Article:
There’s little evidence to suggest that Casablanca was ever supposed to be anything more than a slightly soppy wartime drama. Certainly, no one at the studio expected it to go on to become one of the most beloved romances of all time and a defining piece of WWII-era cinema. But it has more than just the sizzling chemistry between Ingrid Bergman and Humphrey Bogart going for it – Casablanca also captures a heartbreakingly authentic glimpse of the refugee crisis in Europe during the war, which is made all the more poignant by the fact that the actors on screen are depicting a version of their own reality. Many members of the cast themselves had fled the Nazi regime, giving Casablanca a power and emotional resonance that goes far beyond many other war propaganda films of the day.
Humphrey Bogart was American, born and raised in Manhattan, and although Ingrid Bergman was a Swedish immigrant, she came to the United States for her career rather than out of any desperate need to flee the Nazis. But other than these two lead actors, the majority of Casablanca’s cast found themselves a people without a homeland, much like their desperate characters stranded in Morocco.
Peter Lorre plays Ugarte, an amoral criminal with extremely precious letters of transit in his possession (these essentially represent a golden ticket out of Casablanca and onward to neutral countries). A Hungarian Jew, Lorre made his career in Germany with his stunningly unsettling performance as a child murderer in the classic 1931 thriller M, but was forced to flee when the Nazis came to power just two years later. He settled in Hollywood during the late 1930s, where studios took advantage of his unconventional looks to cast him as the off-putting villain or henchman in dozens of films before his death in 1964.
There’s also Paul Henreid, who plays the third character in Casablanca’s famous love triangle, the Czech revolutionary Victor Laszlo. Henreid was himself half-Jewish, and a fervent anti-Nazi. After helping a Jewish friend escape from Berlin, he was declared an “official enemy of the Third Reich” and had all of his assets seized by the state. He worked in the UK throughout the late 1930s, but always under threat of deportation or even internment, since he could be considered an enemy alien if he wasn’t careful. He moved to the United States in 1941, quickly dropping the Germanic “von” from his birth name and becoming a U.S. citizen.
And finally, the most unexpected character of Casablanca to be a war refugee: Conrad Veidt, who famously plays Major Strassler, the Nazi villain of the piece. Although Veidt was a defining figure in German cinema throughout the silent era (one of his first major roles was as Cesare in the expressionist horror classic The Cabinet of Dr. Caligari), he was a strong opponent of the Nazi regime, which effectively ended his career in Germany. He emigrated to Britain a week after marrying his Jewish wife, and although he was told that if he divorced her, he would be welcomed back into the German film industry with open arms, he chose instead to start a new life elsewhere.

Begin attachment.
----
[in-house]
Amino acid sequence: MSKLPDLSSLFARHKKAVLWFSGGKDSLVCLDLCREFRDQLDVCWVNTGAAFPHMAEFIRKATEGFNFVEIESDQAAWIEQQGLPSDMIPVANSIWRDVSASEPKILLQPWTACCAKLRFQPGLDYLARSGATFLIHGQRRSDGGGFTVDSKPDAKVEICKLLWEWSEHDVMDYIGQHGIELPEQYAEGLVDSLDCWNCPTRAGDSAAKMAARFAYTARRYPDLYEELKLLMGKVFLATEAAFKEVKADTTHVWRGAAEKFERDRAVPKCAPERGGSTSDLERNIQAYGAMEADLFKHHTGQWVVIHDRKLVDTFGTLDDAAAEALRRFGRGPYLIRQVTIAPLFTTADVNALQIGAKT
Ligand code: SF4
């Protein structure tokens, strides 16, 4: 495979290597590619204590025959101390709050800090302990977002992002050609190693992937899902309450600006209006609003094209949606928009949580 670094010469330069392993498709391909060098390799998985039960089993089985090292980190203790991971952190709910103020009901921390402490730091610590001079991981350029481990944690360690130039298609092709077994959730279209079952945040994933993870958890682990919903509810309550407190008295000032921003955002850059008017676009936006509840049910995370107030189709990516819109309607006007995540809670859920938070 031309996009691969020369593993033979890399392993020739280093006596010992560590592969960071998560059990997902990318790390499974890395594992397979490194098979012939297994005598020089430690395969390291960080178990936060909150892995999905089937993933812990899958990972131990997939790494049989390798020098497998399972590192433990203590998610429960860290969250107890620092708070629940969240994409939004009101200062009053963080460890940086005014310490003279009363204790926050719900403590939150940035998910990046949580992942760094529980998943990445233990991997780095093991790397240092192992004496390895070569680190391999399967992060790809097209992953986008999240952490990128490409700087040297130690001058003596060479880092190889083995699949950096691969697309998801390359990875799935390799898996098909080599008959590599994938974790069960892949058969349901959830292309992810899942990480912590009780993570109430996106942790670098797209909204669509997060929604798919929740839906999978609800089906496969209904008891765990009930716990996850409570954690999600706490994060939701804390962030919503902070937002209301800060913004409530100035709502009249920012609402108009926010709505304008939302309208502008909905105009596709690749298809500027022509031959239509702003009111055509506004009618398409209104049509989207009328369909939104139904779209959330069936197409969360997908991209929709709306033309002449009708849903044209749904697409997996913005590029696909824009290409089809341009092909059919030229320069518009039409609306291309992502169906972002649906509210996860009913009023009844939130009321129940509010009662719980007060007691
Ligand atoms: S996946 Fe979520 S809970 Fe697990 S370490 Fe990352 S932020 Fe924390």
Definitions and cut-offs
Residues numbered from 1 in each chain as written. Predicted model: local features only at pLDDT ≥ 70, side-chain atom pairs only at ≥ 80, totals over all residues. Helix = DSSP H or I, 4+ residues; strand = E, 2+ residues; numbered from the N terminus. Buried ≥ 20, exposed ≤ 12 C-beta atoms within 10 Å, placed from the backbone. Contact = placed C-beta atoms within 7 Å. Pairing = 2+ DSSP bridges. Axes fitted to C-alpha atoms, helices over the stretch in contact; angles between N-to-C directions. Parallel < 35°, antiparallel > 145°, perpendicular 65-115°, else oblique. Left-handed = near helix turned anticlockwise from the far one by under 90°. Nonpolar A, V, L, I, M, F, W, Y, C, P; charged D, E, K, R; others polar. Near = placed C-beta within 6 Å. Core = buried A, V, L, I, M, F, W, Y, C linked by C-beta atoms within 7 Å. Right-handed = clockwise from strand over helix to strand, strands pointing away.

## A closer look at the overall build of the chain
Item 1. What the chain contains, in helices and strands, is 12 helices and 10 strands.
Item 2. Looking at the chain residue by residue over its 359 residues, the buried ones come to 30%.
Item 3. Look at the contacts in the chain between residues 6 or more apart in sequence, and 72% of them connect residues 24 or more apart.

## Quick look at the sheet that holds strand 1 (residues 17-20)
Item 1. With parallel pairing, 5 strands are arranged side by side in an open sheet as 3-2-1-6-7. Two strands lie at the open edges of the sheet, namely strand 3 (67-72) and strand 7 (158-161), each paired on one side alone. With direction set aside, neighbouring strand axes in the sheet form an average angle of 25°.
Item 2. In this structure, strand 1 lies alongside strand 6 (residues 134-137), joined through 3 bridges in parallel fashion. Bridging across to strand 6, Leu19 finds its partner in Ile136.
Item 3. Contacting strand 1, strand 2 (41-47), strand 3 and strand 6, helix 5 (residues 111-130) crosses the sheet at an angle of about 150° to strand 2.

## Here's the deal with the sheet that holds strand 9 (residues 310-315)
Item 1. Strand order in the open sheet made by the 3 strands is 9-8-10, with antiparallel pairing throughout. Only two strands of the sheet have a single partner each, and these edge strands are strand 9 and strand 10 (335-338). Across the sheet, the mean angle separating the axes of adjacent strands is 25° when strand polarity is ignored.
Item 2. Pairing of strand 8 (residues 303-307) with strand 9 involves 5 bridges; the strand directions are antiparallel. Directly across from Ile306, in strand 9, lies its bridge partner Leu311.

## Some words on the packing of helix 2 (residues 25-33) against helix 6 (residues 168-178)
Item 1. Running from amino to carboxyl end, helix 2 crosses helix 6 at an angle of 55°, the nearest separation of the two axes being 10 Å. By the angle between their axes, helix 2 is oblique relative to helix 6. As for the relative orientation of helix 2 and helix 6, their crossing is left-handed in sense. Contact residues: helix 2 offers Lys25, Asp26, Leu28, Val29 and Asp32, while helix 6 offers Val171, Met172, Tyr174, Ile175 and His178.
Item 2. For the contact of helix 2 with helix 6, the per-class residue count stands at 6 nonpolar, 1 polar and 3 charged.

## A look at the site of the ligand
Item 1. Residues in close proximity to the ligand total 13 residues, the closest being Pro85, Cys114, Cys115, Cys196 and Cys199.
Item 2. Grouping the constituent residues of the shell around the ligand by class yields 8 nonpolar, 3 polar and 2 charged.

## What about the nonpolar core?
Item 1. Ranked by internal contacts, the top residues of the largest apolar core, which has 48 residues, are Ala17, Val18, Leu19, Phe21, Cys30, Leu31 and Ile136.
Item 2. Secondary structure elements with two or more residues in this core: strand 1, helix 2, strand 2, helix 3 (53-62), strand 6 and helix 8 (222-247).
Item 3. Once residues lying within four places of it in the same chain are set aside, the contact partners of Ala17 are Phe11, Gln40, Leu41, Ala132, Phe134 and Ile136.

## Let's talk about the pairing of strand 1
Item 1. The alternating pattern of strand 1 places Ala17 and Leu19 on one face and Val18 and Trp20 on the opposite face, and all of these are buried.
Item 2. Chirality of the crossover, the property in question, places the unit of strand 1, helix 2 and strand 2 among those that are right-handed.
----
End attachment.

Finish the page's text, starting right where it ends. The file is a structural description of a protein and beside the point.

Before leaving the country, he was forced by Reich Minister of Propaganda Joseph Goebbels (alongside everyone else who worked in German film at the time) to fill out a racial questionnaire. Under “Race” he (falsely) wrote that he was Jewish, putting an emphatic punctuation mark at the end of his life in Germany. Upon arriving in Great Britain, he donated what was essentially his life savings to the UK government to help support the war effort. And although it might seem strange that a man so thoroughly opposed to the Nazi regime would frequently play Nazis on screen, it was actually something he insisted upon – his contract expressed his desire to use his German heritage to almost exclusively play villains.
This trio of supporting actors reflects the cast’s international nature, full of performers tragically displaced by war. But nowhere is this more evident than in the famous La Marseillaise scene, where Rick’s Cafe Americain is packed with extras defiantly singing the French national anthem in an effort to drown out the Nazis’ Die Wacht am Rhein. In many ways, these performers are essentially living the lives of their characters. They inject raw emotion and a frenetic energy that gives this sequence a sense of magic, as they are given space to pour all of their anxiety and grief into this one song.
There are plenty of 1940s romance films, and even more World War II dramas – the decade is positively rife with both. But there’s a sense of emotional honesty in Casablanca, an authenticity that comes through on screen, which has made it so resonant with audiences over the years. Beyond the writing or the directing or the gorgeous set pieces, it’s the contributions of the largely displaced cast that give the film a life of its own.